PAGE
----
Last Monday, I took the kids to Venice Beach. I was always told that Venice Beach wasn’t a good place for kids, but we had a blast so now I’m wondering why all the fuss.
Yes, there were a variety of people but they were harmless. The shops on the footpath were full of interesting items. We got some friendship bracelets for a few bucks and 5 rings for $9.99. We picked up a Venice Beach miniature surf board for $20 and found some handmade clothes from Nepal that look great on the girls.
We walked on the beach and the kids got wet. There were lots of skateboarders and beach bikes passing us on the boardwalk next to the footpath. There was all kinds of good food and we picked up a 1/2 pound of candy at a large candy store. It was clean and the weather was perfect. We just strolled along enjoying the culture. There were other children there and lots of interesting condos right on the boardwalk.
Of course we had to stop by the Venice Beach Freakshow as seen on AMC. It was closed. I’ve enjoyed watching that show because I, myself, feel some kinship to the “freaks” on the show. The point of the show is that it’s OK to be a freak. The family who owns the company is actually quite “normal” but they have this interest in collecting strange and mysterious objects such as a two-headed snake and two-headed lizards. They have built a family of friends with the people who are part of the exhibits–the “freaks.”
A freak is not a bad thing to them; in fact, it’s something to be proud of because it’s who God made them to be. And who can argue with what God wants? The freaks in the show either have strange and unique things about them they were born with, such as the bearded lady or the tallest man in the US, or they can do unusual freakish things like swallow swords or breath fire.
Walking to the Freakshow reminded me that, deep inside, I have always felt like a high-functioning freak. I keep it together–but underneath it all I feel a little out of place in a world of normal people. I think it’s because I was born with a cleft lip and crooked nose so I grew up with people staring at me and kids teasing me. Because adults and my family treated me like anyone else, I never felt different until I started school (it’s tough to learn from the mean kids that you’re a freak).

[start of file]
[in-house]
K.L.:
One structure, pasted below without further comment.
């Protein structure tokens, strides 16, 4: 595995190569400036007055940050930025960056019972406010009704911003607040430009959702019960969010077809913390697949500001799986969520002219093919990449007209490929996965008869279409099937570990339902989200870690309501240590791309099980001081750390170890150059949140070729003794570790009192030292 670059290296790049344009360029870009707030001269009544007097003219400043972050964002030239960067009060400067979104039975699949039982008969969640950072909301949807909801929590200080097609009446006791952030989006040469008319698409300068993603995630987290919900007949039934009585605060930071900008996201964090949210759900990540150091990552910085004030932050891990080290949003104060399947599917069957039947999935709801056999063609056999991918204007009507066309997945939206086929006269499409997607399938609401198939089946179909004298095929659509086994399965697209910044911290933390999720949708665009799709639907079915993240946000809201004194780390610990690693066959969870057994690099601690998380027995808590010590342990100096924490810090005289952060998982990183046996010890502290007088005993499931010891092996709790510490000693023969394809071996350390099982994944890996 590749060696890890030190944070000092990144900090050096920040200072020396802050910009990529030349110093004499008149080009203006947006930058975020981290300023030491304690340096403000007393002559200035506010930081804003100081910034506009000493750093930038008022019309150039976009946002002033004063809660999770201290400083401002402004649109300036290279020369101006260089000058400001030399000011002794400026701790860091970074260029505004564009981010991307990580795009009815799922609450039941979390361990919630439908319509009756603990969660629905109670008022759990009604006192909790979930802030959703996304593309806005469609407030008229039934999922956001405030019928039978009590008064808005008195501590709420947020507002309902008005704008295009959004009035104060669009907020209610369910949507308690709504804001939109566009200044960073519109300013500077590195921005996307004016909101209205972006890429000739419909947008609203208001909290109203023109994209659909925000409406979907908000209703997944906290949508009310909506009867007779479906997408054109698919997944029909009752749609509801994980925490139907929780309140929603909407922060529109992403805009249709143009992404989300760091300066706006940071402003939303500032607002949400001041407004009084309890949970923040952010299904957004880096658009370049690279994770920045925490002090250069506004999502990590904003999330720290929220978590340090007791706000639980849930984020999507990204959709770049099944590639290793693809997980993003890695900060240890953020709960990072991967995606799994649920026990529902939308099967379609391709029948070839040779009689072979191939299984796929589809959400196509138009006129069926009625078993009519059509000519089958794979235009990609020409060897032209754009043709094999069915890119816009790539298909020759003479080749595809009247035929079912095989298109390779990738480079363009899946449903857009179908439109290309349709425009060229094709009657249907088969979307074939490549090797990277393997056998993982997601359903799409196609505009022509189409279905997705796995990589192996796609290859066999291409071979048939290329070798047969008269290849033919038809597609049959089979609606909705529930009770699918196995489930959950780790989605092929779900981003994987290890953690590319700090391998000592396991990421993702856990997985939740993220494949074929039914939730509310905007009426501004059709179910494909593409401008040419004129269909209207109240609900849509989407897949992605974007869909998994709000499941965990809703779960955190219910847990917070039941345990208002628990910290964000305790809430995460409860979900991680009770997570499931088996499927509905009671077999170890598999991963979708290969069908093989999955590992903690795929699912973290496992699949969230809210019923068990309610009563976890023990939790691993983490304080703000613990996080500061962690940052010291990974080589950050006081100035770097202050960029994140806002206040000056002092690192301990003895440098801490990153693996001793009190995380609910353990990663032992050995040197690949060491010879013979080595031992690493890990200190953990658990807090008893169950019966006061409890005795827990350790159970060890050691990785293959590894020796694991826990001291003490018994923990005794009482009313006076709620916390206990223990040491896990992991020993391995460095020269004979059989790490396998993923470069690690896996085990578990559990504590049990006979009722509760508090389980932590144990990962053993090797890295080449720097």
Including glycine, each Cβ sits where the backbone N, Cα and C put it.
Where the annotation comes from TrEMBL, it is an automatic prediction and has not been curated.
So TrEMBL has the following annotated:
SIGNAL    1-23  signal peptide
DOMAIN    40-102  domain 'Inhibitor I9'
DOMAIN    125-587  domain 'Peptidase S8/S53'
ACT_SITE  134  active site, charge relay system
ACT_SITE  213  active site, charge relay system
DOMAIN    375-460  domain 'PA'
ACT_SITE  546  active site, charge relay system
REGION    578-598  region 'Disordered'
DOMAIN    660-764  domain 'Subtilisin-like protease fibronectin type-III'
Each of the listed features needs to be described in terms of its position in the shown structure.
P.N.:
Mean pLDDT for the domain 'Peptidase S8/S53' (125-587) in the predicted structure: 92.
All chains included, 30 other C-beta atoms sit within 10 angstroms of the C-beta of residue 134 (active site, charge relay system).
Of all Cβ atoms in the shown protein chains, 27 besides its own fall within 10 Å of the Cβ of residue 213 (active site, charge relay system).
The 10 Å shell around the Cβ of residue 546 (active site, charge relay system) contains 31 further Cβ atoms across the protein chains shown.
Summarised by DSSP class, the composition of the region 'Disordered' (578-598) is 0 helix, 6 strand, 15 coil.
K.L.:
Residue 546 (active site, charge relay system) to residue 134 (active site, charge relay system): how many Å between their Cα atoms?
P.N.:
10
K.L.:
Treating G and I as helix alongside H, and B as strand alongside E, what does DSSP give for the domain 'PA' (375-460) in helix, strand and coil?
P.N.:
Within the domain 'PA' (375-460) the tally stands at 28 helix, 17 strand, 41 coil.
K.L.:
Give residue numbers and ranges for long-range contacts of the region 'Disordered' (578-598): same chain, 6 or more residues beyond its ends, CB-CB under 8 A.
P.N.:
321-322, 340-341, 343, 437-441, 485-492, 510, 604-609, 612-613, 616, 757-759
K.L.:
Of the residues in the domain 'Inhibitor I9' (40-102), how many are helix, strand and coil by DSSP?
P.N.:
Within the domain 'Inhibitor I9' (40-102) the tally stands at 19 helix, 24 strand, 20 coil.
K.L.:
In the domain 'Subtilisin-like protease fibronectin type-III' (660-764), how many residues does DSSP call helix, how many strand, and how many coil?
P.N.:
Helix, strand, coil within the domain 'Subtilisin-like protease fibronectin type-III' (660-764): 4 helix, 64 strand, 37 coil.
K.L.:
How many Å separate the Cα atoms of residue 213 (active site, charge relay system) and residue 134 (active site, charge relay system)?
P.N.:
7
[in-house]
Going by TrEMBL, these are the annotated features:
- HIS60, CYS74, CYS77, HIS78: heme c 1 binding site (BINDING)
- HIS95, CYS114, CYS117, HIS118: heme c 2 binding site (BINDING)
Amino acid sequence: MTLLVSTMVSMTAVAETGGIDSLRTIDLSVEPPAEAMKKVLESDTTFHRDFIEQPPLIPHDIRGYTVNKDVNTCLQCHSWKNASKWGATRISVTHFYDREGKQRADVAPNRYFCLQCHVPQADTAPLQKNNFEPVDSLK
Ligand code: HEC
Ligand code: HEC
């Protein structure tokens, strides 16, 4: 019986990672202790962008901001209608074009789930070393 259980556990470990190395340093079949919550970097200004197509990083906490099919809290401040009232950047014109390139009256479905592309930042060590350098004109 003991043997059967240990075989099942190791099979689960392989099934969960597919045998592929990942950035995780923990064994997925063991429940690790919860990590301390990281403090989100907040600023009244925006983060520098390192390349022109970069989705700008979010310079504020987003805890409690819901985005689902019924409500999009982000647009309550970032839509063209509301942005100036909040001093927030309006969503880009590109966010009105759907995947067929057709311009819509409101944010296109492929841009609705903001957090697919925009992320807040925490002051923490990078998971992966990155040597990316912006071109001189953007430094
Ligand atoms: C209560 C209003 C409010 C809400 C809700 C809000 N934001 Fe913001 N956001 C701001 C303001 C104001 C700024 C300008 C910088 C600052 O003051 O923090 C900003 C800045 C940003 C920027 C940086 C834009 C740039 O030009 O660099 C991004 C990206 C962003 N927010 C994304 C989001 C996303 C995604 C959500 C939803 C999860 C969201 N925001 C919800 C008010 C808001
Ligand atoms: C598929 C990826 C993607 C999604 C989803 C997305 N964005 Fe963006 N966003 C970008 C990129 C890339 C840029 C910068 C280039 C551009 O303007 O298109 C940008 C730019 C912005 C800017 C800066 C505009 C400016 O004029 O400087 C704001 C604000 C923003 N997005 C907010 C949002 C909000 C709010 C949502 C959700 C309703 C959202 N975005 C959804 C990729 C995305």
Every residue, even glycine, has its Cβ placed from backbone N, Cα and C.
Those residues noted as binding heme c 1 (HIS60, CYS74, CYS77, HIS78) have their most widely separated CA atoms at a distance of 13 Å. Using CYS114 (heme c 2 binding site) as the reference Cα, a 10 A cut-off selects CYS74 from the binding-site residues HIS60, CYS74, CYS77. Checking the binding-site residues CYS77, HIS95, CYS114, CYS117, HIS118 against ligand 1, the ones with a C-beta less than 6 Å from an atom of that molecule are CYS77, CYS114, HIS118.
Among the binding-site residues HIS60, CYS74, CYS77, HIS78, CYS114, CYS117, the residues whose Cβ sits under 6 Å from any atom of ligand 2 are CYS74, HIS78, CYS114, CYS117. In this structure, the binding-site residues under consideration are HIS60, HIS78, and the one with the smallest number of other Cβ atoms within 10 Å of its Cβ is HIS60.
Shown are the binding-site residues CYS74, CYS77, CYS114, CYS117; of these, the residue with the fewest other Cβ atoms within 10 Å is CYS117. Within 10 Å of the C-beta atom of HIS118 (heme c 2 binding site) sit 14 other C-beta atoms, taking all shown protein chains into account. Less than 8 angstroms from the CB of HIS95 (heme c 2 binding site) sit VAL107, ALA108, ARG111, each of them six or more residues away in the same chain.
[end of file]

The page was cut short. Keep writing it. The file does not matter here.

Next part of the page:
As my appearance has become more normal through years of plastic surgery, some folks are surprised to hear that there is any defect at all. That’s fine by me, but inside I learned to see the world in a way that most folks don’t get to see. And for that, I am grateful. This perspective has given me the ability to view events, relationships and circumstances from an angle that other people don’t often see or consider. I’ve learned that my quirky ways are actually characteristics that my wife and kids enjoy. I’ve learned to adapt to a normal way of life while still keeping the bright-eyed wonder of the small freak-boy. It is a source of pride for me to have that boy living in me.
I’ve also learned that most people, if they are honest, admit they feel a part of them is freaky. It’s what makes our world so interesting. Aren’t we all freaks in our own way?
I’m afraid I’ve been guilty of judging others if what they are violates my sense of what a woman “should” be or what a good father “should” look like. I think it’s because I tried so hard to be normal and accepted by the “cool” kids that I turned on those that were OK with just being their freakish selves. It was a way of turning on myself because for years I could not accept who I was. This, then, led me to embrace rules that punished those that didn’t believe or act the way I thought a person should act.
In the end, though, we should be proud of who we are because that is how God made us to be. As I’ve accepted freaky Gary, I have better accepted all of God’s children. We’re all freaks to God and that is the way he intended it to be. And this Thanksgiving, I can be grateful for that.